A company does not need to put a formal program in place to hire a college intern or two. Either the human resource employee or the hiring manager or both just need to ensure that they clearly layout the following: what the company expects the interns to accomplish during the time they are there; what their role and responsibilities are; who they report to; and who they should approach for assistance. (Sometimes who they work for differs from who provides assistance.) The hiring manager or human resources person must discuss this with the interns either before their start date or on their first day of work. Therefore, if the intern(s) skill set or interests distinctly differ from the company’s expectations, the company may be able to partially modify the intern(s) assignment(s). It is important that the employer gets a great performance out of the interns now... AND make a favorable impression. And most companies have a long list of items that need to get done so the modification should be relatively painless. Of course, discussing the internship scope during the interview or as soon as an offer is made will enable your company to adapt BEFORE you put everything into play.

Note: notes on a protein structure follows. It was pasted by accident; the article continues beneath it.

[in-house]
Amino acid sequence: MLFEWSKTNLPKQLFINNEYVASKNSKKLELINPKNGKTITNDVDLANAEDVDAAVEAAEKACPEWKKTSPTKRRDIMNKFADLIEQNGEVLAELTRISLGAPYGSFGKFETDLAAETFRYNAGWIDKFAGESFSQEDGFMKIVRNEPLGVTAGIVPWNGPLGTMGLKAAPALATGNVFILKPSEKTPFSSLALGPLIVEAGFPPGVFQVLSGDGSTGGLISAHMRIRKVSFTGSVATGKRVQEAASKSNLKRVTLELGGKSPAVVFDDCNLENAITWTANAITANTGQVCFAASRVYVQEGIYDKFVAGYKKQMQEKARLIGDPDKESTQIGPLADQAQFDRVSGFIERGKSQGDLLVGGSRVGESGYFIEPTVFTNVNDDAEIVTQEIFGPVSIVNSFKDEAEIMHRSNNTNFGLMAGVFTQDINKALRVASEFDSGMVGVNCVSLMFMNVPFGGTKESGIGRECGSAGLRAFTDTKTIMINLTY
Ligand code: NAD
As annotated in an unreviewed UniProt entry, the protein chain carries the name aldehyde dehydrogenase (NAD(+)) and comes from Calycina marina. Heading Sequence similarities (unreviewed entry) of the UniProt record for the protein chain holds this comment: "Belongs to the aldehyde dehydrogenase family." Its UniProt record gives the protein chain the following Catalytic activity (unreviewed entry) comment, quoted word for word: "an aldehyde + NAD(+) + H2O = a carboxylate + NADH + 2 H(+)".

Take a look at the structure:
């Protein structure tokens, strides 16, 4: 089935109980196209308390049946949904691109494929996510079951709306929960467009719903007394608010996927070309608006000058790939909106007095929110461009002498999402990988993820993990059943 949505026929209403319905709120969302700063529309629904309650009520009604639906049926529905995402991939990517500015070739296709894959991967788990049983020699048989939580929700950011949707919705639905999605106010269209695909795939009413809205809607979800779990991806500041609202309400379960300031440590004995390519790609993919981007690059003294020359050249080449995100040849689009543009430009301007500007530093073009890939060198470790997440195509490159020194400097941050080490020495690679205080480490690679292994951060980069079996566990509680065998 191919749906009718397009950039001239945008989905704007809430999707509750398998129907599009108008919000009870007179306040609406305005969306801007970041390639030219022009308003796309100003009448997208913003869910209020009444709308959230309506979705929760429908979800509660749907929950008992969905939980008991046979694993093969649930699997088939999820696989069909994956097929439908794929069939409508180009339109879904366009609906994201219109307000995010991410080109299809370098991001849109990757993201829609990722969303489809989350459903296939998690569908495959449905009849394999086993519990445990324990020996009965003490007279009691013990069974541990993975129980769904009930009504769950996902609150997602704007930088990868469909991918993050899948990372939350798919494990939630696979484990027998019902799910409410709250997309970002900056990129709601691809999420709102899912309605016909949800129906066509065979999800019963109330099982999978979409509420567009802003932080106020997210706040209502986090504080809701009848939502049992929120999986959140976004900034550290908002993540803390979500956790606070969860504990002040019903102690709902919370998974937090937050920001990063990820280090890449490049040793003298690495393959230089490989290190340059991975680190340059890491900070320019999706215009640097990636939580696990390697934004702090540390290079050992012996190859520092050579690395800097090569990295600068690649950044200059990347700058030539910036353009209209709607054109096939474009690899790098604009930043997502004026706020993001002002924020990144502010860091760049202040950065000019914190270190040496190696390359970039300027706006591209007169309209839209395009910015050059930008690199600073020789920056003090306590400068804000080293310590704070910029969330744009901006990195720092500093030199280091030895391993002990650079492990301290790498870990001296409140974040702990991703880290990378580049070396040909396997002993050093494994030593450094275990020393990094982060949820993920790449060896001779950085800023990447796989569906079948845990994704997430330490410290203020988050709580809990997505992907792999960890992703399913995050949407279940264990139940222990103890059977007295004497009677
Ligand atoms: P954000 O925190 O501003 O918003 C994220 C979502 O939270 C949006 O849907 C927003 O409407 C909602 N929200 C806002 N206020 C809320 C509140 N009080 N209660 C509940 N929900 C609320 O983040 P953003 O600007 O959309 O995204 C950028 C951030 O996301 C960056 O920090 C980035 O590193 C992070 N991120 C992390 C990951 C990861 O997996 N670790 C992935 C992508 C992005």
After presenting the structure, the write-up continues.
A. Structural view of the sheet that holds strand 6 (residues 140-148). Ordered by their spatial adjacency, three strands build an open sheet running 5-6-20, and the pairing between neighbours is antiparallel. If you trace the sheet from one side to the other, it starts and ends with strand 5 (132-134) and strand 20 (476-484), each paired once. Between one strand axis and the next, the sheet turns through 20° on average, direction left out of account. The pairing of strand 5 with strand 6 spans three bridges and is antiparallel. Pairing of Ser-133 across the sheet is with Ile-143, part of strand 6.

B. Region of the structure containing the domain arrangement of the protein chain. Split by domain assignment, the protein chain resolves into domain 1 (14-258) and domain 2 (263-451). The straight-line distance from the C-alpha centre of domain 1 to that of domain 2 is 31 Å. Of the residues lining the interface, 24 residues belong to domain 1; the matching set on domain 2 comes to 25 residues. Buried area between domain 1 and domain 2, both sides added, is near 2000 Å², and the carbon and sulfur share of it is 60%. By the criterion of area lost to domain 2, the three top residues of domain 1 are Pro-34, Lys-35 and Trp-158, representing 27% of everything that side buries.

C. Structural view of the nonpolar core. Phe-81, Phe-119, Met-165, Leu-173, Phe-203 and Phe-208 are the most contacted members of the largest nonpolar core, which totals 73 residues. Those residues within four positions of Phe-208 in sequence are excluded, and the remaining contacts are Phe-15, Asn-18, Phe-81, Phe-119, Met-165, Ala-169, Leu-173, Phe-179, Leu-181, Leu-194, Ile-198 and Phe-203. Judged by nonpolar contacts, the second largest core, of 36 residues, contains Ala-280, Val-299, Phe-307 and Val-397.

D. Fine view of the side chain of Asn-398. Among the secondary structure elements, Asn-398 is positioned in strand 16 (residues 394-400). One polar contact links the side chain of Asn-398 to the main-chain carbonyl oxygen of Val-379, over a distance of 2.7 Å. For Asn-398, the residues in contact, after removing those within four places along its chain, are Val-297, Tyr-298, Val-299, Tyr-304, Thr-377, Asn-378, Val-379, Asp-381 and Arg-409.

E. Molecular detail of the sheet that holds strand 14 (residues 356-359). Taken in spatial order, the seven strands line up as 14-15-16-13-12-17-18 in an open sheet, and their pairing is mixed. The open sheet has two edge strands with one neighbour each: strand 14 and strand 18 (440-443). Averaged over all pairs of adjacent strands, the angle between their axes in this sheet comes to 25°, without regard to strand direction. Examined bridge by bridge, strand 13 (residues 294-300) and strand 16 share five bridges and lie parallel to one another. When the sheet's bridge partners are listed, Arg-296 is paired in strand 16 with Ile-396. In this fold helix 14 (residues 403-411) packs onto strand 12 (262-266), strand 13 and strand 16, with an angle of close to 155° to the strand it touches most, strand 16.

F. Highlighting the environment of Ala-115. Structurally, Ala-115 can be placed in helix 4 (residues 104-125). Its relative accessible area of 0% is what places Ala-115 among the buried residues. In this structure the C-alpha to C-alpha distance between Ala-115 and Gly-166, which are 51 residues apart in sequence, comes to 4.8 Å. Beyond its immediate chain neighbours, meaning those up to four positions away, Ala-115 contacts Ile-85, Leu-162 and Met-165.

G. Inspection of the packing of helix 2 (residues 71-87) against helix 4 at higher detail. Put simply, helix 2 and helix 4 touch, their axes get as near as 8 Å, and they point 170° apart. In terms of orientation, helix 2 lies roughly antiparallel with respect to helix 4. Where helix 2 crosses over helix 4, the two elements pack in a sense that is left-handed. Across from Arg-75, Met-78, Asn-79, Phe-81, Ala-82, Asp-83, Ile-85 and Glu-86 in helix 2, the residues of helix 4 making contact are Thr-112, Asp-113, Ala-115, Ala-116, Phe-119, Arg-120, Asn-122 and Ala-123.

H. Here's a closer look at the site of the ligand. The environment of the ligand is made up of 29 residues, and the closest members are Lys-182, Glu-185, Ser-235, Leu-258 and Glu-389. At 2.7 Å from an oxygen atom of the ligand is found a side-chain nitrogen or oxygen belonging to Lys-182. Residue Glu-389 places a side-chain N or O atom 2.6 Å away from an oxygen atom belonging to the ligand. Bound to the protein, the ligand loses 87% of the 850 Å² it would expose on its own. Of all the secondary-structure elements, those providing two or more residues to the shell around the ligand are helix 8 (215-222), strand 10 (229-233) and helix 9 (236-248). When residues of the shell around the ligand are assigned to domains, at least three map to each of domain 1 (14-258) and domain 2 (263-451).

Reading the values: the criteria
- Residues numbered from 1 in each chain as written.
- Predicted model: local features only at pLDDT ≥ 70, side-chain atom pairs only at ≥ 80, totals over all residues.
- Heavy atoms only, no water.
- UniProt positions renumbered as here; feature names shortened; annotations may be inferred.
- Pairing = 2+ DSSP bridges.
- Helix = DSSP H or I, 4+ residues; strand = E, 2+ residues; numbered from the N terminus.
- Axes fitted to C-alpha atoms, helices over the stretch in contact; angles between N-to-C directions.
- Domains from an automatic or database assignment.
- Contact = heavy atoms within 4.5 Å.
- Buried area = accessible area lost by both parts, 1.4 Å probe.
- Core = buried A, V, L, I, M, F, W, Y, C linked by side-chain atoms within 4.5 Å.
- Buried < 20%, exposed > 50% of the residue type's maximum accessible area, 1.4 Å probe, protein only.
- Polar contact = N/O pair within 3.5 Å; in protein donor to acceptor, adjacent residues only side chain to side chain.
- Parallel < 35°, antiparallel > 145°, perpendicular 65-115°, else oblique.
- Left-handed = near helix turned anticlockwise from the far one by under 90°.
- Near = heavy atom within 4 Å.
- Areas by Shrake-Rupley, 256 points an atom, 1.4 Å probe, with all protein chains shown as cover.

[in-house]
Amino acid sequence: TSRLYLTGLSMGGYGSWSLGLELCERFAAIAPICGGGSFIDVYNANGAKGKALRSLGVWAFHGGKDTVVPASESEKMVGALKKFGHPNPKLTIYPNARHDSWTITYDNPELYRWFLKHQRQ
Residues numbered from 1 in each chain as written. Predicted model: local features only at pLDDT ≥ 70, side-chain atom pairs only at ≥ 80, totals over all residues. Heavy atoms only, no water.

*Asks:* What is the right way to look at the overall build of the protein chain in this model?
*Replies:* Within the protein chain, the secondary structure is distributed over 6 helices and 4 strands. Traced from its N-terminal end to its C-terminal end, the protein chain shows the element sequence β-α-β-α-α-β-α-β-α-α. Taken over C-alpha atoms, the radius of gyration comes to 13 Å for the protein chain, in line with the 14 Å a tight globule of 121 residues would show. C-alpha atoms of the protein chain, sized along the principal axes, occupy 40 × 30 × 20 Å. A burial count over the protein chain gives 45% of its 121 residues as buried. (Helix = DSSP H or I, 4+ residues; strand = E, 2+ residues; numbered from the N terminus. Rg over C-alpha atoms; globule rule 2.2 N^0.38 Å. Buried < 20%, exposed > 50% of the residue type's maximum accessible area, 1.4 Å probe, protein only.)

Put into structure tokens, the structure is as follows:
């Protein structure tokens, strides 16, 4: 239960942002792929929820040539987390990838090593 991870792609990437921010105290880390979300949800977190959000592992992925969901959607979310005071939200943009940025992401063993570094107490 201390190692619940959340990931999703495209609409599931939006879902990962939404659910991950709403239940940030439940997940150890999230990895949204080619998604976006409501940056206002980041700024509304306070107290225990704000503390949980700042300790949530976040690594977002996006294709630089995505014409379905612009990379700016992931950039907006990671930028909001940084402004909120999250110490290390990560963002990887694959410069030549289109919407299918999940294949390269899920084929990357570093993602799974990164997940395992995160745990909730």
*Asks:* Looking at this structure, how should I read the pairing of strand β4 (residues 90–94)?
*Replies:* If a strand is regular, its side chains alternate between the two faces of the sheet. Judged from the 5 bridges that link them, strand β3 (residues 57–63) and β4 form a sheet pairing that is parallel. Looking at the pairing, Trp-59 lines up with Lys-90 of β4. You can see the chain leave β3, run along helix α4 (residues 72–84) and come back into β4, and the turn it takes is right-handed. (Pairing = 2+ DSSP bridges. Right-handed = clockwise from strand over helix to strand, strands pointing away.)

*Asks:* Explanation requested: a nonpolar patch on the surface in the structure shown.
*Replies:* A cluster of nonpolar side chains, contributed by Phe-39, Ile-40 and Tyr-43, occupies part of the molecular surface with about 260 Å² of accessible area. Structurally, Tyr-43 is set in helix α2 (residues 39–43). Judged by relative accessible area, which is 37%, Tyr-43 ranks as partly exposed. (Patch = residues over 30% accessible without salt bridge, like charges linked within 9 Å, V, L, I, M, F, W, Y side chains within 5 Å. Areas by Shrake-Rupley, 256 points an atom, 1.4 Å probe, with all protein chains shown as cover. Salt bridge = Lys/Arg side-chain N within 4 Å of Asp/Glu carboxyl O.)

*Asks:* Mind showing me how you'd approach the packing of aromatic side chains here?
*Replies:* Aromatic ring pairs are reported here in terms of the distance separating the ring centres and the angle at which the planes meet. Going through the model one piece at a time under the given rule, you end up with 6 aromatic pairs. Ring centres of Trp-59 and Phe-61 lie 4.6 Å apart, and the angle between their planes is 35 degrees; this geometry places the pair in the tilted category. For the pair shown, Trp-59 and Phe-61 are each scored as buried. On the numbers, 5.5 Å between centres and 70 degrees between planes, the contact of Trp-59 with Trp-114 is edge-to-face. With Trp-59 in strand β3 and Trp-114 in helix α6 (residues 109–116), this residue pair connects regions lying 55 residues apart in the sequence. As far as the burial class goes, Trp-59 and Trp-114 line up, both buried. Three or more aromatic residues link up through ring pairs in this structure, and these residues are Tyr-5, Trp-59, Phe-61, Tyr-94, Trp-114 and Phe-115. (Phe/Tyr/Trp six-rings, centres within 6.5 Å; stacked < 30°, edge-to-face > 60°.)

Most internships are paid. Engineering interns make the most. But even engineering interns’ wage expenses are still significantly lower than a full-time engineer in a similar role. And remember, you don't provide healthcare and other benefits to college interns. The best way to locate interns is to post the position at the applicable career placement centers at colleges and universities you would like to recruit from. Need help with finance or accounting tasks? Hire a finance intern from a local business program. Need help with construction sales? Hire an architect or engineer from a local architectural or civil or mechanical engineering program.
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Wednesday, January 26, 2011

Financing Your Small to Medium Business: Video Presentation

View the video "Financing Your Small Business", also available on youtube.

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Monday, January 24, 2011